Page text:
The piece “Fade” will be placed next to the bus stop by Mobius Hall at the University of Washington Bothell; specifically on the left side of the bus stop. The first reason why I chose this place is because of the significant number of people arriving to school by bus and waiting for the bus day-to-day. My second reason is that a bus place is time and place to think and wait… It is a place meant to wait and it is in this area where people can observe their surrounding. This art piece provides interaction with people.
The size of this piece will be a 5”5 life-sized human made of corten steel (1 in = 1.1 ft) and the glass dream piece will be placed on top of the head; it will be 4” in width and 2.5 in height shaped in an oval. The dream is a generic representation of a cloud filled with color. The life-sized human is made of corten steel because it rusts the fastest; the concept behind this is that steel represents aging. The glass “dream” piece is made out glass using solid cast glass. This concept is created with the idea that our ideas and dreams will last forever. Inside the blowing glass – to represent dreams, I will color the glass in different vibrant colors.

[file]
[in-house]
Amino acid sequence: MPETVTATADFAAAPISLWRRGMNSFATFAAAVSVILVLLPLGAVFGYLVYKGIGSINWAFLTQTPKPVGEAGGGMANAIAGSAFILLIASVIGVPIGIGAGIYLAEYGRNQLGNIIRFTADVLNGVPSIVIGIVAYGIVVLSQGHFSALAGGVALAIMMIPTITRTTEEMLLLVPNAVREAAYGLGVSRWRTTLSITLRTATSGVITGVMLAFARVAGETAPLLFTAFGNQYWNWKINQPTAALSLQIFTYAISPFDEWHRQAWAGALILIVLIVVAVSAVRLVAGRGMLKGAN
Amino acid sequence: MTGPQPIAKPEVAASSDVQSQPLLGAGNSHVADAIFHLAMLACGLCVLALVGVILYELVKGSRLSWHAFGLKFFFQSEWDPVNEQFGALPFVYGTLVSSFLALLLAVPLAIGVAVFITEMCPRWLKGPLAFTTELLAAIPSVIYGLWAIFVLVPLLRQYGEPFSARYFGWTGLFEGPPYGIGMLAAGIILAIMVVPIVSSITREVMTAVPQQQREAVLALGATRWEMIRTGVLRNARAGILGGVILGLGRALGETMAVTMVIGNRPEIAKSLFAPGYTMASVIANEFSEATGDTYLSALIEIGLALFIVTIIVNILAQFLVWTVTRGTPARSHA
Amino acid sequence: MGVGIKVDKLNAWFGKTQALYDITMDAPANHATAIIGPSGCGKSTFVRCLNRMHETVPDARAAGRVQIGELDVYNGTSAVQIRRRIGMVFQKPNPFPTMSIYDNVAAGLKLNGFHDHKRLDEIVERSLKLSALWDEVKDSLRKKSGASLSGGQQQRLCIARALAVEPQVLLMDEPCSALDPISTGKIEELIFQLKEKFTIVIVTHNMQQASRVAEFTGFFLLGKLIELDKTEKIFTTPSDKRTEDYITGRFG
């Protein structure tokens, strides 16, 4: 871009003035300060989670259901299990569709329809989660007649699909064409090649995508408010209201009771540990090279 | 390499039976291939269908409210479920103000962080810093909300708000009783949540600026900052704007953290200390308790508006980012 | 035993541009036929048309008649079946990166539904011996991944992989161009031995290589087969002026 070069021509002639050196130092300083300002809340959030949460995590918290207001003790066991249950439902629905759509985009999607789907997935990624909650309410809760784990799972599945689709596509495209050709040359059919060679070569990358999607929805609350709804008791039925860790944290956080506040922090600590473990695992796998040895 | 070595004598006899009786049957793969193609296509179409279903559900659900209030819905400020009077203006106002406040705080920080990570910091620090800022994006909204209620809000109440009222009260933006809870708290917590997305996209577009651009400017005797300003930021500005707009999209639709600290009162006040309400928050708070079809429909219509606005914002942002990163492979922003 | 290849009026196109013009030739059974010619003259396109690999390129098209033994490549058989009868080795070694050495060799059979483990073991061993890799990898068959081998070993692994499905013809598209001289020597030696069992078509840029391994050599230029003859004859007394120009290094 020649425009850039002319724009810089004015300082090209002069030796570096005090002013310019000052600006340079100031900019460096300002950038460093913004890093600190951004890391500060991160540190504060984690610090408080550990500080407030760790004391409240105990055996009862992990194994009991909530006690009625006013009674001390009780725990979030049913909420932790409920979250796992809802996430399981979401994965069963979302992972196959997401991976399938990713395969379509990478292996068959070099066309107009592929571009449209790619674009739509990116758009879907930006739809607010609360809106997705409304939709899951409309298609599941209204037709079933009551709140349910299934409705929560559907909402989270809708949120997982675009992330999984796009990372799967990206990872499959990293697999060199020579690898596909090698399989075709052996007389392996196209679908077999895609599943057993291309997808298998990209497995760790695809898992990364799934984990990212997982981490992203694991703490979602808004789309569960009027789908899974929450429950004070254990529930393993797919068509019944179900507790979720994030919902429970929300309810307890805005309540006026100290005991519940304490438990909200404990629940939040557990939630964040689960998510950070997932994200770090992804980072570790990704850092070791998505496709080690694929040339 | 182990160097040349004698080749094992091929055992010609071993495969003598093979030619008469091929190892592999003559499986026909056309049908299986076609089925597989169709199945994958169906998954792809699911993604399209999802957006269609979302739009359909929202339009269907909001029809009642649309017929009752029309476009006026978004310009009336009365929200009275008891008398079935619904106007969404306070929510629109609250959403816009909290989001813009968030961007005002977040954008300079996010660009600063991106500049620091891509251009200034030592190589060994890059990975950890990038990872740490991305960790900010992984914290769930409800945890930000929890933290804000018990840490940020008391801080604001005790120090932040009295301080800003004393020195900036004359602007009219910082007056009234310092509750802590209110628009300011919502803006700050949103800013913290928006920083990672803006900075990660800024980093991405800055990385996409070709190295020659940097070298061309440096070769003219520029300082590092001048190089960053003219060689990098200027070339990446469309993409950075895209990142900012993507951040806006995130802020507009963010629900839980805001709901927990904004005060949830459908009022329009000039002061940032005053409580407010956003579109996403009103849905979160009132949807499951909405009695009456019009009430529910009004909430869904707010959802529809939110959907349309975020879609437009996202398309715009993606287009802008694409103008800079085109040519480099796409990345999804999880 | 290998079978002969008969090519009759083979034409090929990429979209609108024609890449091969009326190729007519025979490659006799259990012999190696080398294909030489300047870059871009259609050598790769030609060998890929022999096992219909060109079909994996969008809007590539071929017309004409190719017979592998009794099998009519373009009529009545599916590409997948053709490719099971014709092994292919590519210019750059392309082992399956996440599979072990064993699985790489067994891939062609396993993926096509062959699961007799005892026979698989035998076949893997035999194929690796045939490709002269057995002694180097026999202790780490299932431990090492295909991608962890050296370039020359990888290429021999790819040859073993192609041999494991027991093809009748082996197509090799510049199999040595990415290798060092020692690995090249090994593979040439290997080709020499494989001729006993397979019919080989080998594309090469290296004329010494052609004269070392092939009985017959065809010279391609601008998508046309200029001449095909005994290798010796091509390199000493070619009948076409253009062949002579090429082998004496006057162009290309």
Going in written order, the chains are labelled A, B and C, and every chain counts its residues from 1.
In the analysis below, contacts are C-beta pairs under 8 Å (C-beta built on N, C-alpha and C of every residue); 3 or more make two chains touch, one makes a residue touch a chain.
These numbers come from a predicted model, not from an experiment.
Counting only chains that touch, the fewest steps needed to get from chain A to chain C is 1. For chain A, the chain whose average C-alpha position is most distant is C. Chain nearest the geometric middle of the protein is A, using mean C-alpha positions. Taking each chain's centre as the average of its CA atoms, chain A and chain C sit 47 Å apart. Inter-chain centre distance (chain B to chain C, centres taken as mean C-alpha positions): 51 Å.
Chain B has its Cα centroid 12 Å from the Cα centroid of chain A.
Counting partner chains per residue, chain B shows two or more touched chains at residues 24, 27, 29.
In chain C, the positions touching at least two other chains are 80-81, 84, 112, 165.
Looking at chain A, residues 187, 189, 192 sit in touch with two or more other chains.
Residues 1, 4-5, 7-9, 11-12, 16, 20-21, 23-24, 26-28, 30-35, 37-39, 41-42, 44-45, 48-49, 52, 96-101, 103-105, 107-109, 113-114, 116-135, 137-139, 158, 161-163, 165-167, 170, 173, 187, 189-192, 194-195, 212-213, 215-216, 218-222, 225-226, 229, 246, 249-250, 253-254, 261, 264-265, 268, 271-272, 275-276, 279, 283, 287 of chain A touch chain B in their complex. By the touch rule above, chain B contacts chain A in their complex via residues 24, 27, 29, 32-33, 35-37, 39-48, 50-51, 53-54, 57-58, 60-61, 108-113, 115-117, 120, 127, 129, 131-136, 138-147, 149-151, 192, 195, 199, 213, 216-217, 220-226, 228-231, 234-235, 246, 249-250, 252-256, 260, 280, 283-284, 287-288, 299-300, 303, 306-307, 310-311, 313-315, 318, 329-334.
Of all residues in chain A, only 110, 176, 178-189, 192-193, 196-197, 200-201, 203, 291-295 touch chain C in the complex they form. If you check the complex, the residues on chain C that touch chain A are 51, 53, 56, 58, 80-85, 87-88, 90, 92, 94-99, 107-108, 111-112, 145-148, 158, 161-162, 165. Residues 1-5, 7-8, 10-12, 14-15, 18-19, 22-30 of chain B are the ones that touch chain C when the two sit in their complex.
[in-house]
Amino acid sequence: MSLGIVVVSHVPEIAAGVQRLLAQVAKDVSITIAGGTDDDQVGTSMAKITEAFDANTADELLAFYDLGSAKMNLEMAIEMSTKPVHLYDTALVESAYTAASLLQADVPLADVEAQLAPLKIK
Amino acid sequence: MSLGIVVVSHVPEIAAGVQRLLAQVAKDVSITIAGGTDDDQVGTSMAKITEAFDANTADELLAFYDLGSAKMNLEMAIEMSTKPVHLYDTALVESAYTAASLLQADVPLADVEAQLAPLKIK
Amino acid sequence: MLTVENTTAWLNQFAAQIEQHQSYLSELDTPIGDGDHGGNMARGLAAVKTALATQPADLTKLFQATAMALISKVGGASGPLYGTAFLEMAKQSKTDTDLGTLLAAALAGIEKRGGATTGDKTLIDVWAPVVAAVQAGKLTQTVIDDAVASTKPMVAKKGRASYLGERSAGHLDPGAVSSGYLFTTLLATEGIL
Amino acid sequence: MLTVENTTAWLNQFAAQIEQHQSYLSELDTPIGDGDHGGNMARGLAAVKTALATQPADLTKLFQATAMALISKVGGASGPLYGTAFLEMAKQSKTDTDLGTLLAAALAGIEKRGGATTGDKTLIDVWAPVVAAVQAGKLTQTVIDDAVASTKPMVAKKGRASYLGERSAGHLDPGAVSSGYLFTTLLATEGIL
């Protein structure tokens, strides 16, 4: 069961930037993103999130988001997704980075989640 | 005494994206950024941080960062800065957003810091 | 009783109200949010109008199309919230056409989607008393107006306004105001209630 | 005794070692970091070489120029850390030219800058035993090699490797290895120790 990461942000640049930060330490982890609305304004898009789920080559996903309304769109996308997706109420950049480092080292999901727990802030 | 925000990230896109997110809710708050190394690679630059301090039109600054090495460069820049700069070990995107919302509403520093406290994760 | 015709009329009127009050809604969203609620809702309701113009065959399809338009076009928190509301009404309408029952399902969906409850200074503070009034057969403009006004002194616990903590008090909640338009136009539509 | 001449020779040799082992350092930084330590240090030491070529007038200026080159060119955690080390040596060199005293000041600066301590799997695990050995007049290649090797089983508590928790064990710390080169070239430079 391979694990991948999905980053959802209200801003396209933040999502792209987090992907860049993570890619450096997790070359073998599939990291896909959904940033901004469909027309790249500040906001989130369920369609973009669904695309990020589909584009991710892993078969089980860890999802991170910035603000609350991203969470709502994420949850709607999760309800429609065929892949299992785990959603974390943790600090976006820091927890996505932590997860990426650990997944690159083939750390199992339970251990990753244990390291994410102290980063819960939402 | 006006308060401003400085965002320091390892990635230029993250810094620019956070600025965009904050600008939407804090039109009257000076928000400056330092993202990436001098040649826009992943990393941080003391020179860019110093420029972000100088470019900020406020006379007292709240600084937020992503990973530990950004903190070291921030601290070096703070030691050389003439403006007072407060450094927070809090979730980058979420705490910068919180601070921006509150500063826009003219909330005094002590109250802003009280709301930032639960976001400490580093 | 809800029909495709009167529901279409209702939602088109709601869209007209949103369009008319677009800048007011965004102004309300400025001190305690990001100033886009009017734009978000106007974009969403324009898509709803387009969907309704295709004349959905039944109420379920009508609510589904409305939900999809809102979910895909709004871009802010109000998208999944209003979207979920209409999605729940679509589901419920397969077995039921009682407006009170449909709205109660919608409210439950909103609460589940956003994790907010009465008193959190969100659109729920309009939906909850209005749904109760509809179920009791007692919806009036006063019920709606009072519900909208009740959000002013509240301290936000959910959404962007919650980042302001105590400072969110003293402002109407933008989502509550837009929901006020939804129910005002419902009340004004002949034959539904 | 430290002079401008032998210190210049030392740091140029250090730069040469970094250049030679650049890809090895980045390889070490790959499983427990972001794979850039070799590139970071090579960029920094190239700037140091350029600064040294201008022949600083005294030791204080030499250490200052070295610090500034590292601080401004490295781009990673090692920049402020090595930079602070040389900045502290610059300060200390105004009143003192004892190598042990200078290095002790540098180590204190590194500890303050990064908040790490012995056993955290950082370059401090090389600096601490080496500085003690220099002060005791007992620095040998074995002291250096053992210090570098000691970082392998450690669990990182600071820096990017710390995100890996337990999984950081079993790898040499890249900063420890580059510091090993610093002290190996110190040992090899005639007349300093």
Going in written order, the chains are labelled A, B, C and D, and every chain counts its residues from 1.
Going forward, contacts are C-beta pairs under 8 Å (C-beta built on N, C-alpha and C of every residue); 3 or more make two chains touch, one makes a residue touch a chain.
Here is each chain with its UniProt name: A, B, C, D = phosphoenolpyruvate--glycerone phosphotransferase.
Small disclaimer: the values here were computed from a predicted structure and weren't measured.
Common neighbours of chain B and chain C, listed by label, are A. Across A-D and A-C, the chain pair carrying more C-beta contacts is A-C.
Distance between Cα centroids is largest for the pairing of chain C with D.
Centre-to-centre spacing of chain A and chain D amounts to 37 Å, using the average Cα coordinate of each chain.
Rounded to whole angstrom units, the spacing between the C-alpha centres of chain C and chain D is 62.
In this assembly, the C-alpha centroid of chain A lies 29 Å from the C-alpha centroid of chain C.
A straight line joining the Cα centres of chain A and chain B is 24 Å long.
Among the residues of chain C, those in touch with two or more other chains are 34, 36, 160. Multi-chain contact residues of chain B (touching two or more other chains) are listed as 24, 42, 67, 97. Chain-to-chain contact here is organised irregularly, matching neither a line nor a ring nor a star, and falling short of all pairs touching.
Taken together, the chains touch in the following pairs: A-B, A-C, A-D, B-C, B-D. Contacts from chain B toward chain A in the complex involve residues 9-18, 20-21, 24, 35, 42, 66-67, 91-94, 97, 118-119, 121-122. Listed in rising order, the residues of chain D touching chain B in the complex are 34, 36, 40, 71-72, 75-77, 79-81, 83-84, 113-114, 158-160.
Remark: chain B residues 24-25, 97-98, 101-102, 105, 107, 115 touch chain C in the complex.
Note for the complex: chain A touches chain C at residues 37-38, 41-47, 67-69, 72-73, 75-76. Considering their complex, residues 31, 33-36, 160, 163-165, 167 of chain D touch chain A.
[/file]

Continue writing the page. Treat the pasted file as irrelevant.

The theme of this art piece is to convey that dreams and thoughts last forever after the body has faded. It is signify that people are more alike than we think.
I am a firm believer in the equality of human beings. My journey started after hearing about child soldiers in Uganda – I’ve decided to stand up and move; in that year, I’ve helped rebuild a school Anaka Secondary School in northern Uganda and joined the Fourth Estate – a global group created to protect those who are vulnerable. It was in this moment where I started to strongly believe in my extraordinary power; the power to create change.
My artwork is embedded with a critical view of social change; specifically taking a look at the homeless in our society. The question that I asked myself was, “What are we?” It was in this that allowed me deconstruct our society into our most important aspect.
It was in this piece that I challenge the conceptual way of the American lifestyle.